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This article will present different policy tools for use in environmental policy more specific in coastal zone management (CZM). The Policy tools are structured from a macro level (societal), but are also seen from a system perspective. In this perspective society is understood as a set of social systems that relates to their environment through a set of codes, symbols and tools. The various types of instruments or measures belong to a social system cultural, legal or economic. The strategies’ starting point is that the political institutions and their actors– i.e. politicians, technocrats and other managers need be aware of possibilities and limitations to governing coastal zones’ complexity. Most of the policy strategies involve use of two or more of these instruments working together; in other words, they are complementary. The article also link the different instruments to institutional levels – showing on what level they are most common in use, whether it’s on the local, regional, national or international level.


In the SPICOSA project one important approach is based from the fact that coastal systems are under increasing human and environmental pressures. One consequence of this is the recognition that we need more new and innovative efforts to manage the coastal zones as integrated functional systems. One solution is to improve the way research, decision making and management can be linked together in the governance of coastal zones. One way to systematically do this is to use the SPICOSA’s System Approach Framework to model and predict inputs and outcomes of different kinds of policy instruments. On the other hand, in social science there are different theories and perspectives to analyze and understand society, social action and government. One of them is a system theory that focuses on major social systems in a macro perspective. Society is here to be seen as a social system including various functional systems (eg. the economic system, legal system, cultural system, and others). Society is linked to the surrounding ecological systems by individuals and social systems. We deal with nature and nature given life (ecology) through cultural, economical and other activities. This model tries to link ecosystems and social systems. Each government or management at any level of society has to rely on these systems to govern or manage a limited field of policy action. The economic system, the legal system and the social or cultural system can therefore bee seen as set of instruments in management of a policy field or area- here the coastal ecosystem. In the integration of science and policy in coastal zone assessment this perspective can be useful. The goal is to help any manager to understand what type of legislation tool or instrument is adequate to a sustainable management of the coastal zone.

Coastal zone management is, from a manager’s point of view, a set of tools in solving challenges and problems in the coastal zone:

We can identify a handful of different types of management or policy tools:

  • deliberative processes,
  • legislative controls,
  • planning,
  • economic instruments (taxes and subsidies),


  • measures and at last, using technology to help or solve social or environmental problems.

These tools can be seen as alternatives or complementary strategies.

The SPICOSA project’s System Approach Framework (SAF) deals with the identification of one or more environmental problems in the coastal zone, then make a model for dealing with this problem and predict the outcome. The SAF is about designing of a conceptual model taking account of social and economic factors as well as the ecosystem. This article is a broad presentation of the policy instruments known available applicable as alternative strategy both in the SAF context and in addition to social system approach.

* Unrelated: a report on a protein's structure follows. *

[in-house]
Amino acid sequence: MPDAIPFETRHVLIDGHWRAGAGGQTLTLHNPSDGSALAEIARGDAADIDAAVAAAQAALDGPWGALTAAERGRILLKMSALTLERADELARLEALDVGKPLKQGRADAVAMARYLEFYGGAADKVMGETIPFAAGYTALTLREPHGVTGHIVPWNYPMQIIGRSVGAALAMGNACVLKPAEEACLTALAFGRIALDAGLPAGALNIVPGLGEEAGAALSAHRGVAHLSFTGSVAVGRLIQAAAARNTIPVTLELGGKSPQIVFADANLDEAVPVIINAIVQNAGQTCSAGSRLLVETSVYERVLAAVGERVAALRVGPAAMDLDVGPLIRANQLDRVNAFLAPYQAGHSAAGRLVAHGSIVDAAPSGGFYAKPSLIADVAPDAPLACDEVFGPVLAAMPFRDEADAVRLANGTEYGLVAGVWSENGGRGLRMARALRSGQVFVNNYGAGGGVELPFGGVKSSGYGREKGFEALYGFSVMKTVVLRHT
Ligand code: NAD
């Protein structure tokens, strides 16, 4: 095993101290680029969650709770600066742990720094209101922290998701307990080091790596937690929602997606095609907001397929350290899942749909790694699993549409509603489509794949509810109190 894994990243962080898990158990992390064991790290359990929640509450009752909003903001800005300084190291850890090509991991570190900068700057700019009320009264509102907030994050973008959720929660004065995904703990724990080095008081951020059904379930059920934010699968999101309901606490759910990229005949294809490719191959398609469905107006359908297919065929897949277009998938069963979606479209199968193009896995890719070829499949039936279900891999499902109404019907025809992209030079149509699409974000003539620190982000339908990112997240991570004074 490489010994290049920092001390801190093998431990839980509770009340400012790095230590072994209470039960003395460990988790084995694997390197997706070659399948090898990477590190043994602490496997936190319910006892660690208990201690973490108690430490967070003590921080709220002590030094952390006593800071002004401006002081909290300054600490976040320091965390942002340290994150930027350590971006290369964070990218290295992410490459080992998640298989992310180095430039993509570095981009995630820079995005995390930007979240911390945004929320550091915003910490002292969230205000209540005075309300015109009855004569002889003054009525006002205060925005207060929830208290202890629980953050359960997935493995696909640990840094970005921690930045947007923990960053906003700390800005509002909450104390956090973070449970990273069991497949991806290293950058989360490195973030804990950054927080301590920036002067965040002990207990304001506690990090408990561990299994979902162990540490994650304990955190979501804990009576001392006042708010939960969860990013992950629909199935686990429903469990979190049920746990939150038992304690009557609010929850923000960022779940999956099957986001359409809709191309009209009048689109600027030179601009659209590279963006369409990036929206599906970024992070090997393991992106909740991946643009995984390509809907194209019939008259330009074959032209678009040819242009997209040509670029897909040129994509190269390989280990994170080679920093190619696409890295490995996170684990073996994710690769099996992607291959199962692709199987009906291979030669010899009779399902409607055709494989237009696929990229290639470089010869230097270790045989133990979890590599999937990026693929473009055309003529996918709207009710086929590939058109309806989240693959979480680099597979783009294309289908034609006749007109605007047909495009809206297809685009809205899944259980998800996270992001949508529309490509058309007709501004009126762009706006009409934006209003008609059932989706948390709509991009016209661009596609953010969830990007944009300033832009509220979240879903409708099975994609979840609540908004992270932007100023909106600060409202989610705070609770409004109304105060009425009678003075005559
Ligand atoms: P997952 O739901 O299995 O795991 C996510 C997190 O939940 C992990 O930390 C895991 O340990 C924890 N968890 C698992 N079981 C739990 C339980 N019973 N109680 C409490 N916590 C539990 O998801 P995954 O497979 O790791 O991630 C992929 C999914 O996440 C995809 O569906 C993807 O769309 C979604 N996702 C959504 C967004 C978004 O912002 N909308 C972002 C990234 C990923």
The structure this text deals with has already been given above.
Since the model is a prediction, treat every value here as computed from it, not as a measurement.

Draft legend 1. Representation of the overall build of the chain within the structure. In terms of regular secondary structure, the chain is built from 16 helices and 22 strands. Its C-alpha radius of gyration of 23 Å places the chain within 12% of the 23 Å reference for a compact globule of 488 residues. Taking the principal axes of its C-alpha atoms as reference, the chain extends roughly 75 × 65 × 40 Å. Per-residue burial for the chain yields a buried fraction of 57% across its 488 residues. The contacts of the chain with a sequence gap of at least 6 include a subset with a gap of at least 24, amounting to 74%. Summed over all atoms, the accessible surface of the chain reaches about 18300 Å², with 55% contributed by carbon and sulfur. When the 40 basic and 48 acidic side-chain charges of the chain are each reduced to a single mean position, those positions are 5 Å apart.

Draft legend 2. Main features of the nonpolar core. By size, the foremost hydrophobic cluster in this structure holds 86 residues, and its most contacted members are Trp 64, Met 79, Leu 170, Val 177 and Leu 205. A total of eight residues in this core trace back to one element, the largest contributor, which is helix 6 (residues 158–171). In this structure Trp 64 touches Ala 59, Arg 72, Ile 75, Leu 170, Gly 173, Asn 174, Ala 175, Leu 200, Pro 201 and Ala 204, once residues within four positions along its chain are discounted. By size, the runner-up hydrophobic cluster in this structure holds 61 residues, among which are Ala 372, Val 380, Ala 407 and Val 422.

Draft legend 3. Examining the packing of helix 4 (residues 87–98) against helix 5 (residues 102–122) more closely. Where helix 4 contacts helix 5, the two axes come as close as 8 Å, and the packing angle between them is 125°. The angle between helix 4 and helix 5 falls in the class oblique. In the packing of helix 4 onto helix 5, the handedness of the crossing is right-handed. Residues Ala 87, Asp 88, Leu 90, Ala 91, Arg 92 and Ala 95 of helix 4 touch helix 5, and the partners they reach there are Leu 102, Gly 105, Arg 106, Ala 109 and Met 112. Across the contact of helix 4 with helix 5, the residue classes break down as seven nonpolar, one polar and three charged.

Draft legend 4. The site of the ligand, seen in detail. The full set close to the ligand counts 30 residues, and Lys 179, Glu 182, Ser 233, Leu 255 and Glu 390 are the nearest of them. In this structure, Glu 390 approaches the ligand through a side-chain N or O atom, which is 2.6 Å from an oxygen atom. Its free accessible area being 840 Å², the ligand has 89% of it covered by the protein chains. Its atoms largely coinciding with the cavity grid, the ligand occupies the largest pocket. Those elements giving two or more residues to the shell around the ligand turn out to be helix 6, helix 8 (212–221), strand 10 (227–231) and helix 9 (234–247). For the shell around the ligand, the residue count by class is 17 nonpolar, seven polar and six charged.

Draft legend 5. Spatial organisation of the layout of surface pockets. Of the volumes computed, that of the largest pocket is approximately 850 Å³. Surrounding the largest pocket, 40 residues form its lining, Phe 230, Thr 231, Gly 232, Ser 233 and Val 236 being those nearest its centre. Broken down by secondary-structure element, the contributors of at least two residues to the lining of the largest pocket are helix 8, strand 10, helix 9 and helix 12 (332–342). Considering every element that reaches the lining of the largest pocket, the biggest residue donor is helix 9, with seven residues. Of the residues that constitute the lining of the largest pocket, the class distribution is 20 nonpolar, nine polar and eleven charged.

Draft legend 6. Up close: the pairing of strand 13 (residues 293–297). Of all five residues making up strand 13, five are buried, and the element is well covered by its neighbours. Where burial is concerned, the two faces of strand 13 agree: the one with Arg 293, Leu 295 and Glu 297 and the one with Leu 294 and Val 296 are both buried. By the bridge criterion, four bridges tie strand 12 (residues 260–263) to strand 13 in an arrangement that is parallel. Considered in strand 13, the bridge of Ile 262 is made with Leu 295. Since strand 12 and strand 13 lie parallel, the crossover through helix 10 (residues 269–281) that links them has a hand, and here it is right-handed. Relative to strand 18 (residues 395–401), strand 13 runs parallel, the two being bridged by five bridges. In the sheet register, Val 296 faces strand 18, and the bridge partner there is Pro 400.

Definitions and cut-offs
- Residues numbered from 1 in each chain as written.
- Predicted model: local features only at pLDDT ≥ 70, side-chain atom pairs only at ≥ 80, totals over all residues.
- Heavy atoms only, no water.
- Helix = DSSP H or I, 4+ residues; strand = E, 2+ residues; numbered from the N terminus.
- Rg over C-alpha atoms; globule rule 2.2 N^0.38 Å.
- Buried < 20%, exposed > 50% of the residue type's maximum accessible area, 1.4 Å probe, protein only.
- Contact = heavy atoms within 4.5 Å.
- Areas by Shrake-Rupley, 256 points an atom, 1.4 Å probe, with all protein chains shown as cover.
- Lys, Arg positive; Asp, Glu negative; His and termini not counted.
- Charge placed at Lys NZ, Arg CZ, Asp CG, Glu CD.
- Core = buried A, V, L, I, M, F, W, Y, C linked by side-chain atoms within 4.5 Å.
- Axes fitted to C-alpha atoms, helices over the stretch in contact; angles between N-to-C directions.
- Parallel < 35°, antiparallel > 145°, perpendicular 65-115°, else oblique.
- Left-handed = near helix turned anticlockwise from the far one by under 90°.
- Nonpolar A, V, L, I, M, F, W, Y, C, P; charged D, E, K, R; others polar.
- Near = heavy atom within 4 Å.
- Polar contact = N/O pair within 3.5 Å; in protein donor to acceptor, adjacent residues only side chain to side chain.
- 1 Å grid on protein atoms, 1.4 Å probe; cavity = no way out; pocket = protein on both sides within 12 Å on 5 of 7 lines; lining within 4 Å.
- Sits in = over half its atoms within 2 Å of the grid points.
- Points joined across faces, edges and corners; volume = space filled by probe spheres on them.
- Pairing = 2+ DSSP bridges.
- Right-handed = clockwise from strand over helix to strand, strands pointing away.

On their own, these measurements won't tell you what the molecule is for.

Policy instruments in coastal zone management

Environmental policy instruments include official restrictions and positive incentives designed to control activities that may be harmful to the environment or promote the opposite. We can divide between ‘hard’ and ‘soft’ policy instrument. In environmental policy soft instruments will implement typical voluntary, non-binding recommendations and guidelines. Soft policy is relatively new in environmental policy and opens for less authoritative than traditional hard policy instruments (se Hertin & al 2004). Hard policy instruments will on the opposite of this be hierarchical regulations, forcing legislations and taxes. These policies can be seen as the ‘command and control’ approach (Hertin & al 2004) Environmental policy went through radical changes in the 1980s, when there was a shift away from dealing with narrower problem areas towards broader and more integrated assessments of environmental issues. Environmental policies have subsequently included more preventive measures and controls imposed on potentially harmful activities, rather than corrective measures to repair existing damage. At the same time we have seen a shift to more soft policies and more desentrased approaches (Jordan & al 2002, Hertin & al 2004). New environmantal policy also includes market-based instruments, such as eco-labels, eco-taxes and tradable permits (Jordan & al. 2002).

In the framework of system approach we have classified policy instruments in coastal zone management into social and informative measures, legislative controls, economic instruments, and technology based initiatives. This kind of classification derives from the idea that policy can influence the system response to improve susteinability in the coastal zones. This is an approach that can be effective to diagnose a problem and set in relevant tool to deal with these problems, weather they are of a natural or a societal kind. It can also be helpful to foresee how different kind of tools can meet different kinds of challenges. Portal SPICOSA